That”s what we start off with, but I only get one half-hearted strike (a “blow job”, as one Keys guide calls it). I run my fingers along the shock tippet. It”s not even scratched; fish never touched the fly. I show it to maybe half-dozen other fish, picking my shots so that the fly swims close enough for them to see. A couple follows, but no dice.

Ok, Plan B: I tie on a sinking fly – yarn head, bead eyes and short splayed tail. All gray and brown. Maybe another half dozen tarpon see this one, but again, no dice.

Then I see a big fish hunkered down along a shadow line, barely moving. I lead it by a couple feet and get no response with the standard retrieve. Ok, let”s try a little teasing, you lazy ba$t@rd. This time the fly sinks about 5 feet in front of its nose and I twitch it, just a bump, maybe an inch or two. The fish comes to the fly in a wide swirl, the line simply jumping tight and it’s on: a big fish by the long, line eating run it makes—maybe a female, (since I heard somewhere they’re bigger).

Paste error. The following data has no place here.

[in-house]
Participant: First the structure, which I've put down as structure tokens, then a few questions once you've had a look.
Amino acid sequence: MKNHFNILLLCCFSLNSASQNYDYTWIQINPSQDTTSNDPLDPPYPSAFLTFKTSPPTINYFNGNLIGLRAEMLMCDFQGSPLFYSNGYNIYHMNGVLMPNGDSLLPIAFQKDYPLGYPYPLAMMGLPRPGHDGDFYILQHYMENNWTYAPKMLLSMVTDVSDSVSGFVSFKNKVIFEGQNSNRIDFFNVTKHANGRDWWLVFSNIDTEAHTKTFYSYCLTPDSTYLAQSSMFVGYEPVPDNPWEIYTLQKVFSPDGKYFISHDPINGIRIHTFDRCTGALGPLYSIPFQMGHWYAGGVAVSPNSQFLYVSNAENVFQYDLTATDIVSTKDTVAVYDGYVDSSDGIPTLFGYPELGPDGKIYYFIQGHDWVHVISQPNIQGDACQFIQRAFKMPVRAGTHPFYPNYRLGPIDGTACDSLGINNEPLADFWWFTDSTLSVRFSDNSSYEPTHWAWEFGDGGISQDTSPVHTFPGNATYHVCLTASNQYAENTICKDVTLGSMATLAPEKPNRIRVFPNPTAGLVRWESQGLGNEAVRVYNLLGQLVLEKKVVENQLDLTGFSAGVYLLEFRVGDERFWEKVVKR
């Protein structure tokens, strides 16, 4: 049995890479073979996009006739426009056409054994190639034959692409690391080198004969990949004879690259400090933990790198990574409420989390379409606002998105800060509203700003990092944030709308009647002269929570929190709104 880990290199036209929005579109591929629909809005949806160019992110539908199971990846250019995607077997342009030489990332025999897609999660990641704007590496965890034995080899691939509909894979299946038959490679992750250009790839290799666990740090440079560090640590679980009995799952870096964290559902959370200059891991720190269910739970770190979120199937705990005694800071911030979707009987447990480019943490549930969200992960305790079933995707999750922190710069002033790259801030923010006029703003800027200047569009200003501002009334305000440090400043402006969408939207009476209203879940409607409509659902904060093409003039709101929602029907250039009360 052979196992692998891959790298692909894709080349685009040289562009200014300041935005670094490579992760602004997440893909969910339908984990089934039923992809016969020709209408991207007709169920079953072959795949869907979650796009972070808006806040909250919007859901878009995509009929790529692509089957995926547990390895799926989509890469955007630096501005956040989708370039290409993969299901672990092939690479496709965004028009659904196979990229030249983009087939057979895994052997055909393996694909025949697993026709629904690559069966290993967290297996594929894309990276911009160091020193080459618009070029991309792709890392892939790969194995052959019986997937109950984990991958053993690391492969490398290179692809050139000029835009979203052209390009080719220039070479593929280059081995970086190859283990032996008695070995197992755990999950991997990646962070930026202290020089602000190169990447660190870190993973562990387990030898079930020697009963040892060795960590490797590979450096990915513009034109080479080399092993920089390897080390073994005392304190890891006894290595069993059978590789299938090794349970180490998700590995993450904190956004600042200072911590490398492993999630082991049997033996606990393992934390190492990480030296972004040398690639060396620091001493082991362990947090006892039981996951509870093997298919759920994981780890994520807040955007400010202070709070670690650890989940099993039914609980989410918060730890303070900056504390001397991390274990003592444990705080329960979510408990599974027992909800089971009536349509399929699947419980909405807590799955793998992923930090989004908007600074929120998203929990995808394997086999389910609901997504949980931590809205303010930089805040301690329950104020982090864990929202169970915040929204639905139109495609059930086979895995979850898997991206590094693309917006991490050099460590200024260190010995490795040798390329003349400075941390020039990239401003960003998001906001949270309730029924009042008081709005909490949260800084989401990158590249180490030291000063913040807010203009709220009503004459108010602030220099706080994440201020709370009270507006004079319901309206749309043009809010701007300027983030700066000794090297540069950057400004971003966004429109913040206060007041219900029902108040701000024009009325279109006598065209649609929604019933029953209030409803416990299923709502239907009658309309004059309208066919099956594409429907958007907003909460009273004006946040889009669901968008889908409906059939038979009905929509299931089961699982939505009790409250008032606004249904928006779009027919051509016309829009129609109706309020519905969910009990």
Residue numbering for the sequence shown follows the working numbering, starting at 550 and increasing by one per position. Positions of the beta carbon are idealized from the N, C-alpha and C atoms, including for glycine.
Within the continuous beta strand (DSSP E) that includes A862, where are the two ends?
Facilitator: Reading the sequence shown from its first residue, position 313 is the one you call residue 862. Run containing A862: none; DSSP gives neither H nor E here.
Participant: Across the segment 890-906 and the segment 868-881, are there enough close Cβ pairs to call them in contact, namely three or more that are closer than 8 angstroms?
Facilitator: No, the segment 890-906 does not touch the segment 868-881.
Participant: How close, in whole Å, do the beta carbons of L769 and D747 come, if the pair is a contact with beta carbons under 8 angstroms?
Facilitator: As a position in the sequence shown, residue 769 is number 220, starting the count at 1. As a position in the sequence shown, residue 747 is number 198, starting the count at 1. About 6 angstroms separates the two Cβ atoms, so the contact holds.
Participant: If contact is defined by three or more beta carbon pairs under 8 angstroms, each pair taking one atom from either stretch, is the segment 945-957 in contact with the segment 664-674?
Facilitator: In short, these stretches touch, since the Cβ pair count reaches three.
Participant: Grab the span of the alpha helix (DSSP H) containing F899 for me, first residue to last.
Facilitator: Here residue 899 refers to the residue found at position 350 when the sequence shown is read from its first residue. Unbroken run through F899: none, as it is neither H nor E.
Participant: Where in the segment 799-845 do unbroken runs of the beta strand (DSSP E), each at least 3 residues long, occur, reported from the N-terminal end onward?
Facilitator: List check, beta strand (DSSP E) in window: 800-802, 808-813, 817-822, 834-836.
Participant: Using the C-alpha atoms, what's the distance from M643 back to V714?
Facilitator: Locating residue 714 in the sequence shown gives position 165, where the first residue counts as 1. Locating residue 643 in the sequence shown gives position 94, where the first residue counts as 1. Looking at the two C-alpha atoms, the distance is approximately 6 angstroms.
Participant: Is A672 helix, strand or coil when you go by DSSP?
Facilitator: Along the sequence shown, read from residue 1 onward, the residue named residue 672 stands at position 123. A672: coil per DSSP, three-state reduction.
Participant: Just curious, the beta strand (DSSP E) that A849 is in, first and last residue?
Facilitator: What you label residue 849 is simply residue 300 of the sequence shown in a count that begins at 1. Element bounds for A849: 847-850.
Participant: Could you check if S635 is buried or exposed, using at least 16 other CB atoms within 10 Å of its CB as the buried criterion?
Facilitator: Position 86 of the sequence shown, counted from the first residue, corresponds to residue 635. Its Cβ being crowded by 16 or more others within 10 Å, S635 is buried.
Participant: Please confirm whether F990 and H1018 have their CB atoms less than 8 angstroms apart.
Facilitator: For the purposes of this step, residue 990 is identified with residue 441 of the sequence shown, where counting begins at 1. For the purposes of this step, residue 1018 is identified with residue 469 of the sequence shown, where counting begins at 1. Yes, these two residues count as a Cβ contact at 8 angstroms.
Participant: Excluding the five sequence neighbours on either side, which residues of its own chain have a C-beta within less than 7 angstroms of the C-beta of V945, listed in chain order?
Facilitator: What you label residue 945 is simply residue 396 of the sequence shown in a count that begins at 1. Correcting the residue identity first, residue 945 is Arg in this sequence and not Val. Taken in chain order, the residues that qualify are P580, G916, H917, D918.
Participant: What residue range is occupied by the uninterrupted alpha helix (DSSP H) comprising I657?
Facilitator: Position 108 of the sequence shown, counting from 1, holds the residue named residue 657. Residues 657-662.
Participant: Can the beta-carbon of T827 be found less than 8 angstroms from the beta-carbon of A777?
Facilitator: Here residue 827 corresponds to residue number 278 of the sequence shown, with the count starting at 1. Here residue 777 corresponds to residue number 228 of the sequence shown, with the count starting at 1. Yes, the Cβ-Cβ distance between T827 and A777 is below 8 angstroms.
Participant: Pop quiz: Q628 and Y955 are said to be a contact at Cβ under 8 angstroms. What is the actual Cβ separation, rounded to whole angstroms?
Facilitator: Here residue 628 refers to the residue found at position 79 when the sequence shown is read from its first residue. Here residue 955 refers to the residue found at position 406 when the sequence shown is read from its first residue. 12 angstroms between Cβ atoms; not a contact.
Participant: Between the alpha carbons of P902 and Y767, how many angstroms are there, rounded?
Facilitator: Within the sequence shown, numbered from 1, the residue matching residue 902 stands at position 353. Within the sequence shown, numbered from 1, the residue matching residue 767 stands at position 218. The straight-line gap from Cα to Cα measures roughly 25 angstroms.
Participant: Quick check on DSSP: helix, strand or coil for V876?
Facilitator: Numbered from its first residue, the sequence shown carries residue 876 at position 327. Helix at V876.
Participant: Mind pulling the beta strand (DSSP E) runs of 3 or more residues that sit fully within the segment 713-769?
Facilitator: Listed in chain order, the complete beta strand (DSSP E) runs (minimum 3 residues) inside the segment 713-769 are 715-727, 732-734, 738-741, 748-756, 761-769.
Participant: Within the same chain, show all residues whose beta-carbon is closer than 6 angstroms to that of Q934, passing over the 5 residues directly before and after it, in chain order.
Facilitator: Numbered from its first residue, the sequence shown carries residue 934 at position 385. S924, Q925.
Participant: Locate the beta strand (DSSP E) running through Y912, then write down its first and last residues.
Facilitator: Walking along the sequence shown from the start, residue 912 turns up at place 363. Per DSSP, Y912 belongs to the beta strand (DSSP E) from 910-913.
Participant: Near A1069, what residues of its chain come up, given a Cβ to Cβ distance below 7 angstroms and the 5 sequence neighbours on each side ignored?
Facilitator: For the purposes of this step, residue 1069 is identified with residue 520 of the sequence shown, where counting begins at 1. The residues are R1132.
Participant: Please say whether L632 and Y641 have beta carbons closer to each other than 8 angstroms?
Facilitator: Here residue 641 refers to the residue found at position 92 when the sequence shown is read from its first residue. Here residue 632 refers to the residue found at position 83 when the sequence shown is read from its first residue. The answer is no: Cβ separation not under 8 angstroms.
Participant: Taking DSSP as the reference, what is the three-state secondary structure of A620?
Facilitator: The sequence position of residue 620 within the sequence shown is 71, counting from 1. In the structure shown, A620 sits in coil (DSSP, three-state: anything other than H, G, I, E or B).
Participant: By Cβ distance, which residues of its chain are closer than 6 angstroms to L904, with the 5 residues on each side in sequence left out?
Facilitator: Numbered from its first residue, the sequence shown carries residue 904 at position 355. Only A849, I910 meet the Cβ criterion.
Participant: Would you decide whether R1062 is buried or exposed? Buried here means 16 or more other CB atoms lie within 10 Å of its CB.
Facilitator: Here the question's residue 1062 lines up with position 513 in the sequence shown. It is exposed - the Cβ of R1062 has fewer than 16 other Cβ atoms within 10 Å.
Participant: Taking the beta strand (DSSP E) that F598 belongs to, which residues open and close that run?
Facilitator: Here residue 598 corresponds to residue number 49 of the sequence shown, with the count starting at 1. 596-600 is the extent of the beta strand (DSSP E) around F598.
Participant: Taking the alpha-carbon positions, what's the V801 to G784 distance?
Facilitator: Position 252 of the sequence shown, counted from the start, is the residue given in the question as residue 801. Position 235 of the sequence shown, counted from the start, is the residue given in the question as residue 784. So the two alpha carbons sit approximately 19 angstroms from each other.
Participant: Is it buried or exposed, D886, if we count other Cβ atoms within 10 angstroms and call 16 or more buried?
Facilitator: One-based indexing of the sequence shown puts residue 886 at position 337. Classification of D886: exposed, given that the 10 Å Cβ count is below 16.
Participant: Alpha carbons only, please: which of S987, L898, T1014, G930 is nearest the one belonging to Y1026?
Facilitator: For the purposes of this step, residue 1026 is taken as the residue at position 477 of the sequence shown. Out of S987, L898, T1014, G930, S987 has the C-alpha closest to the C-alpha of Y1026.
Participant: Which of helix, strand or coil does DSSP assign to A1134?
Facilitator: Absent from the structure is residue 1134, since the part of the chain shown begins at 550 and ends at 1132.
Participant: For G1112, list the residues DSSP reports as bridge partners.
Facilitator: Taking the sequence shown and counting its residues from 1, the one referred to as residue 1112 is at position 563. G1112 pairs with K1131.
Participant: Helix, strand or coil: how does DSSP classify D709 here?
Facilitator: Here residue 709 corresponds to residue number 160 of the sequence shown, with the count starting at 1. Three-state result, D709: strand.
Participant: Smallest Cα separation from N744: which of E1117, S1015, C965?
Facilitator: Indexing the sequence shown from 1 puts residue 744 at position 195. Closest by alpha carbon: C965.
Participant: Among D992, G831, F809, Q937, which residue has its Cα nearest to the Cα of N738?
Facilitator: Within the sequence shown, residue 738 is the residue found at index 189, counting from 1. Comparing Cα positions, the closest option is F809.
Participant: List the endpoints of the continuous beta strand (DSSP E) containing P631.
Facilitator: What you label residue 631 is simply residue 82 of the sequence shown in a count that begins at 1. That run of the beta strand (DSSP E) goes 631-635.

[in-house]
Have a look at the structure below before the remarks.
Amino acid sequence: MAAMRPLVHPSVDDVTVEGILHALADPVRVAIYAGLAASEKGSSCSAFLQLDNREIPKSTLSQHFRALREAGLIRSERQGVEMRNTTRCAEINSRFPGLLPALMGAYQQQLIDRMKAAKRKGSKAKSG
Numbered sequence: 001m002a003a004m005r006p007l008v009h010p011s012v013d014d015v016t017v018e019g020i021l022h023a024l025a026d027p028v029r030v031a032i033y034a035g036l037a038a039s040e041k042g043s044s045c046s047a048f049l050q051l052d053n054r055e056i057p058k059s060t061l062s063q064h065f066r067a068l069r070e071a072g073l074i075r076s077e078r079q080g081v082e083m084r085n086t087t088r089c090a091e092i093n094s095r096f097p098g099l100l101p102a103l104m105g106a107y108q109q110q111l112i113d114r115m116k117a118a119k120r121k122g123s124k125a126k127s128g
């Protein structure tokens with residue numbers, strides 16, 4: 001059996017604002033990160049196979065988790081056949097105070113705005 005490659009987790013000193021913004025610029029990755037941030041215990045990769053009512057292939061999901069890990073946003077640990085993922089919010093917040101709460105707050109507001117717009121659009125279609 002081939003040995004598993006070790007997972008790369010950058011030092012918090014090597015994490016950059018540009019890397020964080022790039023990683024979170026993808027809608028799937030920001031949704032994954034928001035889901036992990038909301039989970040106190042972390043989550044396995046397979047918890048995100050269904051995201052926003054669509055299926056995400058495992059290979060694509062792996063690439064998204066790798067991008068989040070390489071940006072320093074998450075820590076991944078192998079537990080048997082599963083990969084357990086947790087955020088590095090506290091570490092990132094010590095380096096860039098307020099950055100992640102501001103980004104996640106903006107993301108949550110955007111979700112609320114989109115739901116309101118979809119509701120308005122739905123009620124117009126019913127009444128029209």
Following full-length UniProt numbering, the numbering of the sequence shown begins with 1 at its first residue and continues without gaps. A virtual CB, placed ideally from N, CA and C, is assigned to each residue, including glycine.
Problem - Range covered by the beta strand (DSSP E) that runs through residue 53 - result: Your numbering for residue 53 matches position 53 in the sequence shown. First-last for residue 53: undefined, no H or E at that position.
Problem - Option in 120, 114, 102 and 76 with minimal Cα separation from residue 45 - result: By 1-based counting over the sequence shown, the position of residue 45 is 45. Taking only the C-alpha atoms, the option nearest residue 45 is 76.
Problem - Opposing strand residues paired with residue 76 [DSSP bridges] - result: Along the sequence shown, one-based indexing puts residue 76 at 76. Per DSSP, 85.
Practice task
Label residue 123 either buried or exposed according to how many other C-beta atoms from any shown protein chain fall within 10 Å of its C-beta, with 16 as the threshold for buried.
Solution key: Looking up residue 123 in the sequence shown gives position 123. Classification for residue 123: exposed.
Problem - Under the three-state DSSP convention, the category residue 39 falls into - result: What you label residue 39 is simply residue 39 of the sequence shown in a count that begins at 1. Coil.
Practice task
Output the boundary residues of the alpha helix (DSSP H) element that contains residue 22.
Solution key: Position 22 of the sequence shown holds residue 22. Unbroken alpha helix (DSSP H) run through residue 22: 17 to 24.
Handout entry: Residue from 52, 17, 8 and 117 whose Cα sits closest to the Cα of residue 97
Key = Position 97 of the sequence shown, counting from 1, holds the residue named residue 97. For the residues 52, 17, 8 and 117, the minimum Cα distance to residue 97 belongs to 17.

Finally she slows about a hundred and fifty yards out. I hold for a few moments, palming the reel to pressure her. Hoping she’ll jump. When she moves again I barely move my fingers in time. The tarpon is airborne in a sweeping, greyhound leap that clears 20 feet and leaves the line no longer pointing in even the same general direction as the fish. The reel sounds like someone redlining one of those little four-cylinder Hondas and I pray it will hold together and not simply fly apart from the G”s.

That run stops maybe two hundred yards out and then the fish starts digging—a down and dirty tactic employed by big, smart fish. After maybe a minute of this I feel the tarpon speed for a jump, this time so far away that it seems like maybe another fish free jumping. I get to worrying that maybe I’ll have to reel her back from out there. Not a problem, since about three seconds later the line goes slack.

It takes another minute or two just to reel in to see what knot broke. The shock tippet’s gone. The Albright gave out.

Time to retie.